The Council of the European Union is the main decision making body of the European Union. Depending on the issue, ministers from each member state meet to enact laws, usually legislating jointly with the European Parliament, co-ordinate economic policy, define and implement common foreign and security policy, conclude international agreements,adopt measures in the area of police and judicial co-operation in criminal matters, and along with the European Parliament, create a budget for the European Union.
Often called the "Guardian of the Treaties", the European Commission ensures that European Union law is properly applied by individuals, national authorities, and other European Union institutions. The Commission may impose sanctions on individuals or companies who violate European Union law, and may take formal action against national authorities suspected of violating European Union law, including taking national authorities to the European Court of Justice. The Commission also proposes new legislation, which may be adopted by the Council of the European Union and the European Parliament.
The European Parliament is the only directly elected institution of the European Union. Its 766 members are elected once every five years by the citizens of the 28 member states. In some cases, the European Parliament shares legislative power with the Council of the European Union, and may accept, amend, or reject proposed legislation (the codecision procedure). For other areas, such as taxation, industrial policy, and agricultural policy, the European Parliament gives only an advisory opinion (the consultation procedure). The European Parliament can present legislative proposals to the European Commission, and oversees the European Commission's annual program of work.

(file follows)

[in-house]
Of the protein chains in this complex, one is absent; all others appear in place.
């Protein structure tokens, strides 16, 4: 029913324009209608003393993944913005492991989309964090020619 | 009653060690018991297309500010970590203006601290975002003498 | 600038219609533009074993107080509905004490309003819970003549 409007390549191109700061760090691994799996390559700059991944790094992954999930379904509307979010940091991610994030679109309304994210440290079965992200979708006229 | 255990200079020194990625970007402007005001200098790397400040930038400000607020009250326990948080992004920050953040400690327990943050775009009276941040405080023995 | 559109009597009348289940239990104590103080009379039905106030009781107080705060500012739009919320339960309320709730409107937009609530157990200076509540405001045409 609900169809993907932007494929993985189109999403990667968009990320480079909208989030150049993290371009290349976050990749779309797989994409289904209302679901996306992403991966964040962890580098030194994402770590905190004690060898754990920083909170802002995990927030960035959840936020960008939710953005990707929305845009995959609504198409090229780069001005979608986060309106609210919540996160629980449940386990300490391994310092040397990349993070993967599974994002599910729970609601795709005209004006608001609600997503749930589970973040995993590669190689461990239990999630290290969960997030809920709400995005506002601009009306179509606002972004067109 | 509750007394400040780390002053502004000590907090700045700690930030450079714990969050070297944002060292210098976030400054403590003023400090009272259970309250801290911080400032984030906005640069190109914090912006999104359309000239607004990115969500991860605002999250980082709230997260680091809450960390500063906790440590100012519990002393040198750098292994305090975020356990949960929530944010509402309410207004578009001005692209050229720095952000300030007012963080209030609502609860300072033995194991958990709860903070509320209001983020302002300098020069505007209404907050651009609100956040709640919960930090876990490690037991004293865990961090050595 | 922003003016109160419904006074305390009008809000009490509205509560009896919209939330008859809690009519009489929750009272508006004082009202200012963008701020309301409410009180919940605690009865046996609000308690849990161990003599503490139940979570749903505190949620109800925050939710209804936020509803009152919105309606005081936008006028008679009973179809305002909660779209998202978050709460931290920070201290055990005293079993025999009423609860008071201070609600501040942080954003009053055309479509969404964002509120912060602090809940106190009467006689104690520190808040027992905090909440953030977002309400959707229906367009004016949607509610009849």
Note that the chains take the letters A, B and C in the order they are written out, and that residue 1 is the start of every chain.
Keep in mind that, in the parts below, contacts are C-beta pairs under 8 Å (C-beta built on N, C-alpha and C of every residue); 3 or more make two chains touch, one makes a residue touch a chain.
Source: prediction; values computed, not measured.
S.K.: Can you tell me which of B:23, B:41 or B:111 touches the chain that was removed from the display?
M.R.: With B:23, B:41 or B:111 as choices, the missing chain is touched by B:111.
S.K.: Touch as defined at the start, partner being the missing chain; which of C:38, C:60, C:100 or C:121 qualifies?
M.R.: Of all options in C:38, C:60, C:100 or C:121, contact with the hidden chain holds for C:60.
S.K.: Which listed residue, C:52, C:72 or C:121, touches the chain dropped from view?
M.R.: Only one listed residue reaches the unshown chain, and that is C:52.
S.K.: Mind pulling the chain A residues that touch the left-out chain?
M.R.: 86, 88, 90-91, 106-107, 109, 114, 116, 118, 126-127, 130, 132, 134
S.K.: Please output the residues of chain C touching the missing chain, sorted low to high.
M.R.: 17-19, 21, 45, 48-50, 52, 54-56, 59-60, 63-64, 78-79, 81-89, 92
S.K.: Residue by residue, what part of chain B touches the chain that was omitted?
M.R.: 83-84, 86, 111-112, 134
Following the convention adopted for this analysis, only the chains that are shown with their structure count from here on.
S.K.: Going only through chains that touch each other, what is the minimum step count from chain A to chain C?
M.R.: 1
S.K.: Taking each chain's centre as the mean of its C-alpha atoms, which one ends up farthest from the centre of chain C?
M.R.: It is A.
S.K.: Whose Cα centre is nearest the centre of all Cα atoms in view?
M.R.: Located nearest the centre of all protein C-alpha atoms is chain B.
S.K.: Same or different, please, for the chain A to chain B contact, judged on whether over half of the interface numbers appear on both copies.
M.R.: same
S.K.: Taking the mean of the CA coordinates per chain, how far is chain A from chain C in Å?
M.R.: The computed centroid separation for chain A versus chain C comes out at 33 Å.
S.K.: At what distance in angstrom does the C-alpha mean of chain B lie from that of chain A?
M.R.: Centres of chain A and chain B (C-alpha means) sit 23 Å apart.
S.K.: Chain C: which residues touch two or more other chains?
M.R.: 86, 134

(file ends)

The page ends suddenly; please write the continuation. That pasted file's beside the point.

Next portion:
The Court of Justice of the European Union actually consists of three courts: the Court of Justice, the General Court (formerly the Court of First Instance) and the Civil Service Tribunal. The two major adjudicative bodies are the Court of Justice and the General Court. Depending upon the subject matter of a case, the Court of Justice or the General Court may review the legality of institutional acts, ensure that Member States comply with Treaty obligations and interpret European Union law at the request of the courts and tribunals of Member States. The Court of Justice and the General Court each has 28 judges, appointed to renewable 6 year terms, and hear cases as a Grand Chamber of 13 judges or in chambers of 3 to 5 judges. Rulings of the General Court may be appealed on points of law to the Court of Justice. Judgments of the Court of Justice and the General Court are available in the European Court of Justice Reports, and are also available on LEXIS/NEXIS, WESTLAW and HeinOnline.